In this article series, we’ve reached out to expats and US citizens living abroad about how they get into a festive holiday mood while living abroad.
Traditional celebrations are some of the core aspects of any culture. Whether it is a wedding, a harvest festival, a religious holiday, or a national observance, our celebrations are woven tightly into our overall cultural identity. It’s who we are.
When we move overseas, part of the excitement of living in a new culture is exploring and joining in the celebration of the local holidays and traditions of our newly adopted country. Some of these experiences will provide memories that will last a lifetime.
Getting deep into the local culture is a fantastic way to adapt to your new home, we’ve asked a few expats how they celebrate the holidays and family traditions:
I'm a U.S. citizen from Alaska living in Munich Germany. I left the U.S. three years ago and lucky for me I moved to one of the most “Christmassy” places on the planet, Munich, Germany. So, it is easy to get into the holiday cheer when there are 12+ Christmas markets within walking distance from my house, St. Nikolas day is a big celebration and the entire month of December is set aside for Advent festivities. However, that doesn’t mean it is easy to be away from my family. There’s just two of us, me and my husband, so it’s hard to not being able to go over to my parent's house on Christmas Eve and bake cookies, watch Christmas movies and wake up to fresh presents under the tree.
We’ve started some of our own traditions, exchanging a few meaningful gifts, hanging stockings and getting a tree, but it’s just not the same as having my entire extended family in one cozy house. Aside from being away from family, I moved with my husband who a third culture kid that grew up in Australia but was raised by Indian parents. They never celebrated the holidays so, while he is on board with my Christmas spirit and starting our own traditions, he doesn’t have a long history of traditions, and sometimes the meaning falls flat. We’ve resorted to skyping with my family on Christmas day, inviting a few other expat friends over, and now we are considering traveling for Christmas instead of having the holiday in an empty house.
Susanna K, https://wanderingchocobo.com
What has been difficult? When we lived in Lima, Peru for six year, it was finding the foods we love to prepare and being far away from family and friends.
What do you miss most? Being far away from family and friends.
How do you get into the holiday cheer? By planning very early so I could purchase what I needed and wanted from amazon ahead of time, and inviting people to come visit over the holiday season.
Heidi M, Author of the book, Life Transitions: Personal Stories of Hope Through Life's Most Difficult Challenges and Changes
I live in Cuenca, Ecuador.
The locals have an 8-hour parade every year, on Dec 24, Christmas Eve. We expats watch from the balcony of someone who has an apartment on the same street (along with a potluck spread). The Cuencanos (as the locals are called) dress their small children up like Mary and Joseph and make homemade floats. They toss candy at the audience. In the parade are also ethnic traditional dancers, horses, ponies (with small children riding them), and music bands. Tens of thousands of Ecuadorians come from neighboring towns, so it's very crowded.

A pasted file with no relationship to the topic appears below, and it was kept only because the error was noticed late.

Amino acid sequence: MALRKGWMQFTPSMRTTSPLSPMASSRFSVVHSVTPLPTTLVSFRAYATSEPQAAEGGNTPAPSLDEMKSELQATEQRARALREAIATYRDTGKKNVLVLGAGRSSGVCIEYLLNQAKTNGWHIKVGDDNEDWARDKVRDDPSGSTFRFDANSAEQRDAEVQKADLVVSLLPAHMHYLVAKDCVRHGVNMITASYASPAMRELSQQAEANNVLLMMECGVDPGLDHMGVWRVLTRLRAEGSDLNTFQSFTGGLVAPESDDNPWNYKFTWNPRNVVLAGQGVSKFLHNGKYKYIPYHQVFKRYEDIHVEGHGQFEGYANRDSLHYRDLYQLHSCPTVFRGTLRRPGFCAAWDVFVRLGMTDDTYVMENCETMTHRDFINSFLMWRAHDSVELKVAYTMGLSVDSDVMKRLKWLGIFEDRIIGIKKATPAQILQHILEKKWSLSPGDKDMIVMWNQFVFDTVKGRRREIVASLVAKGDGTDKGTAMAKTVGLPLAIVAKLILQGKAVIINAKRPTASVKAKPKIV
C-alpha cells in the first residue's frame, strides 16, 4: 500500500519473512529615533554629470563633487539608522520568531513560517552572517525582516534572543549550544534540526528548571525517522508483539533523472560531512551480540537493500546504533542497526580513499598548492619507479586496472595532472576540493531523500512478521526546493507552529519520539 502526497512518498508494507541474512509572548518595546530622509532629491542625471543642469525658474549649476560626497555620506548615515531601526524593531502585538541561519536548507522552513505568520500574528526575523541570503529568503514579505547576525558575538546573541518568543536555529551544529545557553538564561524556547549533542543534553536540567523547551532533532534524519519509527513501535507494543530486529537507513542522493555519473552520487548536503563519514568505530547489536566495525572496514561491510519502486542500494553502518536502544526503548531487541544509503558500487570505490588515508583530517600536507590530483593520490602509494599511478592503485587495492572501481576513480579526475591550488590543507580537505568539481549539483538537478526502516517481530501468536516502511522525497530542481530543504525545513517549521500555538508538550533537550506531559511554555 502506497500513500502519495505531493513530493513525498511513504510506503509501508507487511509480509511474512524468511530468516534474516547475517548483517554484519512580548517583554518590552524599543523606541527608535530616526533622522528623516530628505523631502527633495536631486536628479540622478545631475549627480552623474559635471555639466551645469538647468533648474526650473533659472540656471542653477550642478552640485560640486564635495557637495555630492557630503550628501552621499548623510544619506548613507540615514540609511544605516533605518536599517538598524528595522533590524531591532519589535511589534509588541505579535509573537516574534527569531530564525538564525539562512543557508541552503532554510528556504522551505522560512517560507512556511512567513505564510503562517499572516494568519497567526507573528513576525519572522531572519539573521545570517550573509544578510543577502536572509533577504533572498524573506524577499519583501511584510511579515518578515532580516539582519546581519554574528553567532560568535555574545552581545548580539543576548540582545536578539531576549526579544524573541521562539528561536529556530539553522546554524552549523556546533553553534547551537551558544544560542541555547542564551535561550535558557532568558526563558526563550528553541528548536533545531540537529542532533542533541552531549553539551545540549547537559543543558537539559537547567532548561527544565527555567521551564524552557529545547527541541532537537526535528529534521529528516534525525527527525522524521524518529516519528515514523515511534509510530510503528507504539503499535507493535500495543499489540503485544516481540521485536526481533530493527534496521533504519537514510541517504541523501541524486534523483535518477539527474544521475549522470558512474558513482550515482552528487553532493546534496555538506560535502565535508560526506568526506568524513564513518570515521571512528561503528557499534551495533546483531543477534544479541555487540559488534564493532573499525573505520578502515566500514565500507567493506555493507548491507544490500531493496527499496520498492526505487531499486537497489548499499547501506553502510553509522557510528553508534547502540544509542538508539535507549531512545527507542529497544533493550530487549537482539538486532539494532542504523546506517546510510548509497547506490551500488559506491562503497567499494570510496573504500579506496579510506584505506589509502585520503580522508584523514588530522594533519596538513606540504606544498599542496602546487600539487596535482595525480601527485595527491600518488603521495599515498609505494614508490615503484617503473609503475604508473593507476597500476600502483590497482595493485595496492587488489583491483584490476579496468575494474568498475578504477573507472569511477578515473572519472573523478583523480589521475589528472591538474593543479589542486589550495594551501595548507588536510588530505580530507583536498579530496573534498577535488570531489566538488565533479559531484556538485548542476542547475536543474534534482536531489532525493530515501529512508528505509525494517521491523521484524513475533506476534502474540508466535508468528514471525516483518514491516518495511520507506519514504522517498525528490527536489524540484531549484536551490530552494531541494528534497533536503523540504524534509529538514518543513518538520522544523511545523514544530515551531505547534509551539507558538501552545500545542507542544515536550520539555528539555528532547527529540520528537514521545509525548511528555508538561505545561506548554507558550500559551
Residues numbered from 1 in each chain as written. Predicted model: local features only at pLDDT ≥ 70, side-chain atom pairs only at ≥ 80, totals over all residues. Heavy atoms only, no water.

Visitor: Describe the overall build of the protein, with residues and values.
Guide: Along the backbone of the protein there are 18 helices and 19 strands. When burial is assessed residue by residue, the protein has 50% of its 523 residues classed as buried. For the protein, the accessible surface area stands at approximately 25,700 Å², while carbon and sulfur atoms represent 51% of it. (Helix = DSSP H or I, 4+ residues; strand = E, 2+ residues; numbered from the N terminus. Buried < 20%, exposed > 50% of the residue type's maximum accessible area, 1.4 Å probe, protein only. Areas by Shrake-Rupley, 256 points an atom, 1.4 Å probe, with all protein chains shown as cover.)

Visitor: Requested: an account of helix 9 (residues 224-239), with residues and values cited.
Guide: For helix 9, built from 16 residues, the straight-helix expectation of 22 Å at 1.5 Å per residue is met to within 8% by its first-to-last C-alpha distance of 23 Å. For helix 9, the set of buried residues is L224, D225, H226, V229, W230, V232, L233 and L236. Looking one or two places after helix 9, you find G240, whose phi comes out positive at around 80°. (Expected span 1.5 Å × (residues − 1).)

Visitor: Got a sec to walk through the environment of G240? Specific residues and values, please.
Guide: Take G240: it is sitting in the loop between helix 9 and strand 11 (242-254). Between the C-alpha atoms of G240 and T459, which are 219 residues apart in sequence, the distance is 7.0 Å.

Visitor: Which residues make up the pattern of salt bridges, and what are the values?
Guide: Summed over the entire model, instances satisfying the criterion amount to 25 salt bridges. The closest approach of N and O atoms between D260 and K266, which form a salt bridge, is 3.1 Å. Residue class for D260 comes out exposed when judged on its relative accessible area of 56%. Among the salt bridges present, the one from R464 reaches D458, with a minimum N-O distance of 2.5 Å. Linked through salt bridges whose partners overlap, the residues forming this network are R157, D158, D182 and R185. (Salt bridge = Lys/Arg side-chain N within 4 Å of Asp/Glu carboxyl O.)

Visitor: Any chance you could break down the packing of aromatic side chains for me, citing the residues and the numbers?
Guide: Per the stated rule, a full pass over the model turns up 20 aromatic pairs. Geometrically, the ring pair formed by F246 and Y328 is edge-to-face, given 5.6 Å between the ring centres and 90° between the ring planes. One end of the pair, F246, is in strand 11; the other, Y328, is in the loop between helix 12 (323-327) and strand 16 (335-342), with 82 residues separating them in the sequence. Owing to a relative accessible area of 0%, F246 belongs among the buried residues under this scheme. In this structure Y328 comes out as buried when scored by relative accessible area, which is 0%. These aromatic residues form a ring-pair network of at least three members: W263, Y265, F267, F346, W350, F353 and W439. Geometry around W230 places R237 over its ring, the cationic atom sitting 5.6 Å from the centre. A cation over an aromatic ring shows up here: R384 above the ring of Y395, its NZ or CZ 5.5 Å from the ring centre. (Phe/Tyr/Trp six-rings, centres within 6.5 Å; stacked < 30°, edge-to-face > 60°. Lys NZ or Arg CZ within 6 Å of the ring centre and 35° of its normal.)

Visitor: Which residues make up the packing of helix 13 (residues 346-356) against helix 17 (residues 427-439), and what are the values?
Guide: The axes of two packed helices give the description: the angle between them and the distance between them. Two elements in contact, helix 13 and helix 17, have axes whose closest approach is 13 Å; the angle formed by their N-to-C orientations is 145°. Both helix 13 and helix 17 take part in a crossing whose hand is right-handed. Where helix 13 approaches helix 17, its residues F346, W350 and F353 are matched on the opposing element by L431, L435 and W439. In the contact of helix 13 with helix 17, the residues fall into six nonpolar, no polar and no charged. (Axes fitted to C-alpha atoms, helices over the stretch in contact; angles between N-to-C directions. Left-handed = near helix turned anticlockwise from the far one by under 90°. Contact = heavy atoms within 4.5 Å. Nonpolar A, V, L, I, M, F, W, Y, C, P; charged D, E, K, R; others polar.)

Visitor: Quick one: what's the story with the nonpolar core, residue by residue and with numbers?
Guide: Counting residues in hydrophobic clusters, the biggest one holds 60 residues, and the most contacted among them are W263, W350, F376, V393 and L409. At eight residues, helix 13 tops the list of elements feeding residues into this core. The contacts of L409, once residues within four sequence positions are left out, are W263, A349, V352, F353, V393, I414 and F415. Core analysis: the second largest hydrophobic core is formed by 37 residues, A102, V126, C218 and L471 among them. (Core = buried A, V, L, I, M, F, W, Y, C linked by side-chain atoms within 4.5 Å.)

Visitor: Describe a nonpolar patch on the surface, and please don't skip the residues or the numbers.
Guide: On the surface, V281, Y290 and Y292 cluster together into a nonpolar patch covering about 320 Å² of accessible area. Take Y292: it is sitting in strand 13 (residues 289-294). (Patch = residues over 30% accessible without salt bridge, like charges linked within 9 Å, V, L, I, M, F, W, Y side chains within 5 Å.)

On New Year's Eve, the locals and expats burn dummies/effigies right at midnight. The dummies are dressed up to represent the biggest event they had in that year. Children burn dummies of cartoon characters, like Sponge Bob. The dummies burn on the sidewalk or even in the middle of the street!
When it comes to USA-only holidays, such as Thanksgiving or July 4rth, local restaurants (often owned by "gringos" or by Ecuadorians who lived in the USA) will offer special meals, often with live music.
I have lived in Ecuador 8.5 years now and the only thing I miss is family that still lives in the USA. But I skype them on some holidays. Also, it seems a bit odd that Christmas is so HOT... You must keep in mind that I live south of the Equator, so seasons are reversed. It is summer here in December and January!
Susan S, Author of Expats in Ecuador: The Magic & the Madness
It is important to note that family values and relationships are often stressed following relocation so trying to continue family celebrations can help maintain or restore the balance that seems to be upended after leaving your home country. This is especially important when children are involved.
The keys are to be open to the ideas and feelings of each family member and be willing to create new ways of doing things; new customs can generate traditions that will define the uniqueness of your family. Most importantly, consider what you remember most fondly from your childhood–the love and activities you enjoyed–and help your children grow up to remember the same things.
So next time you see one of your traditional holidays approaching on the calendar, start planning. Invite your friends, involve the kids, and create your own lasting memories.